Currently, zombies have invaded the web. For instance, in June 2004, a DOS attack that momentarily blacked out websites such as Google, Yahoo, and Microsoft was carried out on zombie PCs.
The outbreaks of worms such as MyDoom, Sobig, and Bagle have indicated the existence of more sophisticated techniques of spreading malware and these techniques involve the use of zombie machines.
A zombie is a computer that has been seized by a third party without the knowledge of the owner. Once a computer becomes a zombie, it forms a part of a network of zombie PCs or a botnet.
IT security experts say that a zombie machine is used to send malicious code and attack websites. It can relay spam, launch denial of service (DOS) attacks, send phisher scams, and spread viruses. The majority of spam is sent using zombie machines. Attackers can also use a zombie machine to download pornography and send nasty content to innocent computers. Of course, when a person’s computer becomes a zombie, their privacy is completely invaded, and personal and financial information could be stolen and used for malicious purposes.
There are already big armies of zombie machines in use. As at August 2014, around 150 million zombie PCs across the globe were in operation. The biggest challenge of this internet security threat is that the owners of infected computers can still use them being unaware of what is happening.
Knowing whether your computer is a zombie
Apparently, attackers can use any computer to reach their target. It’s not always easy to know whether your PC is being used as a zombie machine. Jason Adler, the Semalt Customer Success Manager, suggests checking the following symptoms:
- Slow broadband connection
- An unresponsive keyboard or mouse
- Excessive hard drive activity
- Numerous bounce-back notifications in your inbox from strangers
Other indications that your computer might be a zombie include frequently crashing, web browser closing itself for no apparent reason and unexplained loss of hard disk/flash storage space.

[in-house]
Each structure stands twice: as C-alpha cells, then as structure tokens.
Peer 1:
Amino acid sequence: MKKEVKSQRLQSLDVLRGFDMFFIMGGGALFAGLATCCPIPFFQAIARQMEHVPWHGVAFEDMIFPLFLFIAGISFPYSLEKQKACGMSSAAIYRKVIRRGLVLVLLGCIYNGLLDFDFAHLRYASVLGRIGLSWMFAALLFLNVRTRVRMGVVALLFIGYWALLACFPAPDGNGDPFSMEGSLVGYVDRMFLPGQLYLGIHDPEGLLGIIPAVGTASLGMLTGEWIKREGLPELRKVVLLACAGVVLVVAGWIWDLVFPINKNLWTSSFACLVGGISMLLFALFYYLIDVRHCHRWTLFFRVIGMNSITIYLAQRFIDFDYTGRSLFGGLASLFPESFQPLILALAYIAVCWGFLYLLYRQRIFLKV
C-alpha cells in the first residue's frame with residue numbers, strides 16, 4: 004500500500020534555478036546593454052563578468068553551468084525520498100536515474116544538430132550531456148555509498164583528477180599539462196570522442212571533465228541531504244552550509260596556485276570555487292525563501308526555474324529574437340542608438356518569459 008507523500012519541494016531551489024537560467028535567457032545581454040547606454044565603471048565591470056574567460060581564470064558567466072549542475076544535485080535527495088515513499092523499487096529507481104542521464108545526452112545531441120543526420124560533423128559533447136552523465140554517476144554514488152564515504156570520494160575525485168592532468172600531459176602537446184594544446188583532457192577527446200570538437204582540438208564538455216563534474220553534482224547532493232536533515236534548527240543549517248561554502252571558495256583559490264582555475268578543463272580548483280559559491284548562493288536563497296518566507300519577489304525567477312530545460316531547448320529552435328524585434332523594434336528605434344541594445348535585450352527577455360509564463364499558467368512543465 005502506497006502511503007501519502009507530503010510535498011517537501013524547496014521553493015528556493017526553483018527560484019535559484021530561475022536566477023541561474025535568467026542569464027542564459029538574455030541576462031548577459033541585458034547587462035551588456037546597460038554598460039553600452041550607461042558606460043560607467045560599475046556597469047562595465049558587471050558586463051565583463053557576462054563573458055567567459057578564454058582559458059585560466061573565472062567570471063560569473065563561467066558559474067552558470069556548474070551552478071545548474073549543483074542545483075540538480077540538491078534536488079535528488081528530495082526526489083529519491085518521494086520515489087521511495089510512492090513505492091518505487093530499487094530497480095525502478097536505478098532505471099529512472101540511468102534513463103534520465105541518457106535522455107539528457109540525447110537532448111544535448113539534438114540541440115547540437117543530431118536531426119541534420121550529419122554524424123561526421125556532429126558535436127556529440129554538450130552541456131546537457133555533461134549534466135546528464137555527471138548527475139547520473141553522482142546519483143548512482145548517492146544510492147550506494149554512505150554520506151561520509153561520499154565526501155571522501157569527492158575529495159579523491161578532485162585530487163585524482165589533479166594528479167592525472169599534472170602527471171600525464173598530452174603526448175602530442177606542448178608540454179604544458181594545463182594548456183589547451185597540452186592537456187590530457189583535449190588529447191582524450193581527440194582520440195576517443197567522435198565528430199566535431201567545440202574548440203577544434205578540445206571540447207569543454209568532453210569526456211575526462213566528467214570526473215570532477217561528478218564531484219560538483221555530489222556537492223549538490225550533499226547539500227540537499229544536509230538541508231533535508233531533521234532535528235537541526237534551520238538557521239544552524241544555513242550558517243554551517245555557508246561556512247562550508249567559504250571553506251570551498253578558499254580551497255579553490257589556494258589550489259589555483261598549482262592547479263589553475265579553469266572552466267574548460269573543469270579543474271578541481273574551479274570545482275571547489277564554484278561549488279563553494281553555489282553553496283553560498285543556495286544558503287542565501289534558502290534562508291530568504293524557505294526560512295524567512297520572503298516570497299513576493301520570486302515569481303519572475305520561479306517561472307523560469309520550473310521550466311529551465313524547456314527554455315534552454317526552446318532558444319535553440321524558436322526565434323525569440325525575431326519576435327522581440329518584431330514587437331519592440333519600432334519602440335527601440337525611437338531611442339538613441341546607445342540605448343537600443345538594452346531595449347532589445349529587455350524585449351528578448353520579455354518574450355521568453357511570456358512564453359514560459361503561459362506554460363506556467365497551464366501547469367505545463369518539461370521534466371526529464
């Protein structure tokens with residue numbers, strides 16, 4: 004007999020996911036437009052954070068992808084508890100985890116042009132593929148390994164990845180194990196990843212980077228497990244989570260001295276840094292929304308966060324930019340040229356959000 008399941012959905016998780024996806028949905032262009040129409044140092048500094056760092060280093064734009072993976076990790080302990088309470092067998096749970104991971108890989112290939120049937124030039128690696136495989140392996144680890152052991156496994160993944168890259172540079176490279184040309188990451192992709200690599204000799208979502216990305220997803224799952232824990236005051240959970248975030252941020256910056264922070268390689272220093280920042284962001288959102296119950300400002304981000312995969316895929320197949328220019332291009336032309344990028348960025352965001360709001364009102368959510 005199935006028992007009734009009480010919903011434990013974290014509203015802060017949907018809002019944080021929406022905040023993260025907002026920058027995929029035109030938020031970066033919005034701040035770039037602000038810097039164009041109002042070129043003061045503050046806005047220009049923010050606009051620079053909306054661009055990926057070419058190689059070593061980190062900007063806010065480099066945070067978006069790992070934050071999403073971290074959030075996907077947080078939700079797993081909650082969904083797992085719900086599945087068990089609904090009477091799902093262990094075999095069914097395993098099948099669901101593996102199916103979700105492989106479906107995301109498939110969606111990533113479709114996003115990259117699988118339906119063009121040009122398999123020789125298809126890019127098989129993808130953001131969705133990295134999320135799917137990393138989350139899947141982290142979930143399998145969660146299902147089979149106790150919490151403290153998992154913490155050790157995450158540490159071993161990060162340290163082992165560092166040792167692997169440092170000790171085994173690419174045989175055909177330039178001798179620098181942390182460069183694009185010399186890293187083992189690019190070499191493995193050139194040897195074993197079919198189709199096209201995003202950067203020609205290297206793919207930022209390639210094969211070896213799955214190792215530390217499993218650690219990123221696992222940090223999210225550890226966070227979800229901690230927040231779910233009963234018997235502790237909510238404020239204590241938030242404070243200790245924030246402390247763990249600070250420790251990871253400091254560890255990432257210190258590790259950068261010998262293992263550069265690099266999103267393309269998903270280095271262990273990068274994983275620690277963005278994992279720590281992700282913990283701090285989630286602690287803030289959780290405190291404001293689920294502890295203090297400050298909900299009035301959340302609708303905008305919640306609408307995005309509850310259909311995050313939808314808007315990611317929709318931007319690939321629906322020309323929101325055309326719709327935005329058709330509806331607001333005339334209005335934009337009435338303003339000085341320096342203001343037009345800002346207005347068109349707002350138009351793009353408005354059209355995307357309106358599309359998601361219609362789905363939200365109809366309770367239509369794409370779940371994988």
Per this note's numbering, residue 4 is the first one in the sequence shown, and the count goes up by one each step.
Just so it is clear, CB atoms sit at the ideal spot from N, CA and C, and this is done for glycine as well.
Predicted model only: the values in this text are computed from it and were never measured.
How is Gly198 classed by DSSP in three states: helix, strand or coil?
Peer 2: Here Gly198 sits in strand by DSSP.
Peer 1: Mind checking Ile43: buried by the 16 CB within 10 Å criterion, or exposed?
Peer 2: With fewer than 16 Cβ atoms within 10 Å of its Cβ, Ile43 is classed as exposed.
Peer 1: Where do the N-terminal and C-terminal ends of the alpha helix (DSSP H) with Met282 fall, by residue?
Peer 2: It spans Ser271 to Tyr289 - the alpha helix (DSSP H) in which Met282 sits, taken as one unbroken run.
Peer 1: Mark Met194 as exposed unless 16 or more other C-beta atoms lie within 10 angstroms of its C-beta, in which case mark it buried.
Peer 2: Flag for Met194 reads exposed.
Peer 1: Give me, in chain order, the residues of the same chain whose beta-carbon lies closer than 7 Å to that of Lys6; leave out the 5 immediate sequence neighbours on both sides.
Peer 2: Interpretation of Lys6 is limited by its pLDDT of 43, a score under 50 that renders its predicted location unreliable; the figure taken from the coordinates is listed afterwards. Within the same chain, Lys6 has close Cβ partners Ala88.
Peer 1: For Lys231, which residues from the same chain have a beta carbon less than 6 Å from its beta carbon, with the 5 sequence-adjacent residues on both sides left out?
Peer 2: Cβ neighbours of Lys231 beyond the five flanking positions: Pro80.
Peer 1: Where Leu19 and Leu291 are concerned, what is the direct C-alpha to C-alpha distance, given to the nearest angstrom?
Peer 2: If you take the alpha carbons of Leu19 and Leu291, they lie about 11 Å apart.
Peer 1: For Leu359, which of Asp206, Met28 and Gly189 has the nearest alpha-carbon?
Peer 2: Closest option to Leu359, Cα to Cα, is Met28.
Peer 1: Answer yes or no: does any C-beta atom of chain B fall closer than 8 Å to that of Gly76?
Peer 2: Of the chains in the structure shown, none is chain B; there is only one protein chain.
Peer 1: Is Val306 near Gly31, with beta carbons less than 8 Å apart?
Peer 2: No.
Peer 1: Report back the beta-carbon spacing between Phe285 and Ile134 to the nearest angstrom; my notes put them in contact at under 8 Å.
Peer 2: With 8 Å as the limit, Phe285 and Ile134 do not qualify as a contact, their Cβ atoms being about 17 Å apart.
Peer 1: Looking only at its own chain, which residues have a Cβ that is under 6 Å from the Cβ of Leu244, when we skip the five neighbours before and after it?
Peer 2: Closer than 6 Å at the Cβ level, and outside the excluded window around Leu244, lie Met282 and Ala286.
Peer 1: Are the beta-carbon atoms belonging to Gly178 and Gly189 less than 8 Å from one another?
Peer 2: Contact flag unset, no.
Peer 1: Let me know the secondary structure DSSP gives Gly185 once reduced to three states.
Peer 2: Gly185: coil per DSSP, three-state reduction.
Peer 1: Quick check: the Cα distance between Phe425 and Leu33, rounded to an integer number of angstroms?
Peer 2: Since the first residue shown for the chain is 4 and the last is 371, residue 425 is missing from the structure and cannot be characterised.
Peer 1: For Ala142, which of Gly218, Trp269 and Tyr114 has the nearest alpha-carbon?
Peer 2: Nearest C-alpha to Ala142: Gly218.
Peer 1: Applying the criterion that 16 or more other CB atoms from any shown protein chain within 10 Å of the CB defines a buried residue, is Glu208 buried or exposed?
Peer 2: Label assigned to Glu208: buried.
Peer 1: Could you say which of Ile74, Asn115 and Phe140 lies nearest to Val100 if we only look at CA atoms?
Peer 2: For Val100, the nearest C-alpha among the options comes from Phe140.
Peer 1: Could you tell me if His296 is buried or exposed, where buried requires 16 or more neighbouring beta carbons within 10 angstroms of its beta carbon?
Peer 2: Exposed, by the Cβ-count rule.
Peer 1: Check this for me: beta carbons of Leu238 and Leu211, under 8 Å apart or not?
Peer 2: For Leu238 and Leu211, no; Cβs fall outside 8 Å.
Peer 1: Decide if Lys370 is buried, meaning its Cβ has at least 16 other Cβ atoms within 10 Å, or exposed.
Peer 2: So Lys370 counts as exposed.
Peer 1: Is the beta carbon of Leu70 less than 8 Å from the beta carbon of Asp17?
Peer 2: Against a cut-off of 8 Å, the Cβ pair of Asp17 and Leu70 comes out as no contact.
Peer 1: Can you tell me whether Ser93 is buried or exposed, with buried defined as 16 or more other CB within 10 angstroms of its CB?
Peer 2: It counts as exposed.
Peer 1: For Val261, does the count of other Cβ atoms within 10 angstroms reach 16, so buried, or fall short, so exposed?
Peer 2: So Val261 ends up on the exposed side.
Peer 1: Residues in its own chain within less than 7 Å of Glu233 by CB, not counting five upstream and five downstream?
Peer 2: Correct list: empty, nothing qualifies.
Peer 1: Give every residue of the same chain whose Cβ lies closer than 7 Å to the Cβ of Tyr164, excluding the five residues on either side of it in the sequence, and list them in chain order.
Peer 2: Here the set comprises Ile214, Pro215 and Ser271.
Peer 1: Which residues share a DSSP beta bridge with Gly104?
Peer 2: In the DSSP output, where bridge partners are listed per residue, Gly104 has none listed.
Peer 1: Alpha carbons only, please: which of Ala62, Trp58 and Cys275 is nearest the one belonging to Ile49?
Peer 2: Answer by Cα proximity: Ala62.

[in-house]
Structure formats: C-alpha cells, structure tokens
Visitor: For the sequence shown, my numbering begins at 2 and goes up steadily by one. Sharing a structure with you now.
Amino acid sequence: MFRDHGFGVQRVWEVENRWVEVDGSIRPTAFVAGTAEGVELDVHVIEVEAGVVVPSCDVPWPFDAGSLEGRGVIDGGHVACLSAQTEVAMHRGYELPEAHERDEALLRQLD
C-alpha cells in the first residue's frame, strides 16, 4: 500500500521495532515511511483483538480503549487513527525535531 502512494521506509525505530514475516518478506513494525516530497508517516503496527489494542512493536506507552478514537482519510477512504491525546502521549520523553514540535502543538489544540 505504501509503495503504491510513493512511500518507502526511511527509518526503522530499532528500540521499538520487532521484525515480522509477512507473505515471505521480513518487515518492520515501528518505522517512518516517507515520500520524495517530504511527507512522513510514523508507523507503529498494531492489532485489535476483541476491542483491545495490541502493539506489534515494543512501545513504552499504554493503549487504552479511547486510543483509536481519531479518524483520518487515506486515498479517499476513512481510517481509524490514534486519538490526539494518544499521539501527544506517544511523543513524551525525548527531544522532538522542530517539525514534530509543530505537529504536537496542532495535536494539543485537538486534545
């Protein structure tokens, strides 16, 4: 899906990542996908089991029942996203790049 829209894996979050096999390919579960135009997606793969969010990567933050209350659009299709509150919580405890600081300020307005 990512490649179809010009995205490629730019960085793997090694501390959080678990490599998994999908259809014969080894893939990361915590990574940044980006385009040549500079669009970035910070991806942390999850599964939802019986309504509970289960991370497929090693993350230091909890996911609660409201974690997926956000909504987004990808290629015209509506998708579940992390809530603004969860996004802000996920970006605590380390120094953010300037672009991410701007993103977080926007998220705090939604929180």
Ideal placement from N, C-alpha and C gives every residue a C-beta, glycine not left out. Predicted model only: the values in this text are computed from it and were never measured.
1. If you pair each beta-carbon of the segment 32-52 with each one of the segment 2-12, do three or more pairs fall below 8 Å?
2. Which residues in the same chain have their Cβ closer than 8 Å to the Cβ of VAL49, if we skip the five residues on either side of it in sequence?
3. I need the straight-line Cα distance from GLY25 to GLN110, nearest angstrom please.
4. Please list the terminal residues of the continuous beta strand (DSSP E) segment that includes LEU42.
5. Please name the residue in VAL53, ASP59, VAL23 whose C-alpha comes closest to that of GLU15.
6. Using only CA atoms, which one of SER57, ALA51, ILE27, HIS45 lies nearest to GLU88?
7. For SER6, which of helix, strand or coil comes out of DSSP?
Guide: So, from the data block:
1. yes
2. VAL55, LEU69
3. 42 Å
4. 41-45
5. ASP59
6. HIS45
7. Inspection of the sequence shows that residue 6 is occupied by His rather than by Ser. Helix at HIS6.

However, these symptoms are not a definite indication that a computer is infected. A computer may exhibit these behaviors and still not be infected.
Keeping your system safe from botnets
When it comes to matters of internet security, the importance of keeping applications updated cannot be overestimated. It’s inherent that Windows Update is kept up to date. Installing a properly configured personal firewall as well as antivirus software will also significantly reduce the computer’s exposure to malicious software spread by zombie PCs. An updated firewall will provide the highly needed security enhancements such as protection from remote access to PC.
Protection against cybersecurity vulnerabilities is an ongoing process – installing a firewall, and antivirus software can’t set up everything pertaining internet security forever.
Taking the neighborhood-watch approach to internet security
Fred Felman, a San Francisco security software maker, suggests that the neighborhood-watch approach can be adopted in the fight against malware. He argues that just as people look out for unusual occurrences in neighborhoods and airports, they should also watch out for any weird behaviors on networks. Always watch your machine and the other machines in a network. In case there is a change in its normal functionality, a closer investigation is required to unearth the underlying problem as quickly as possible.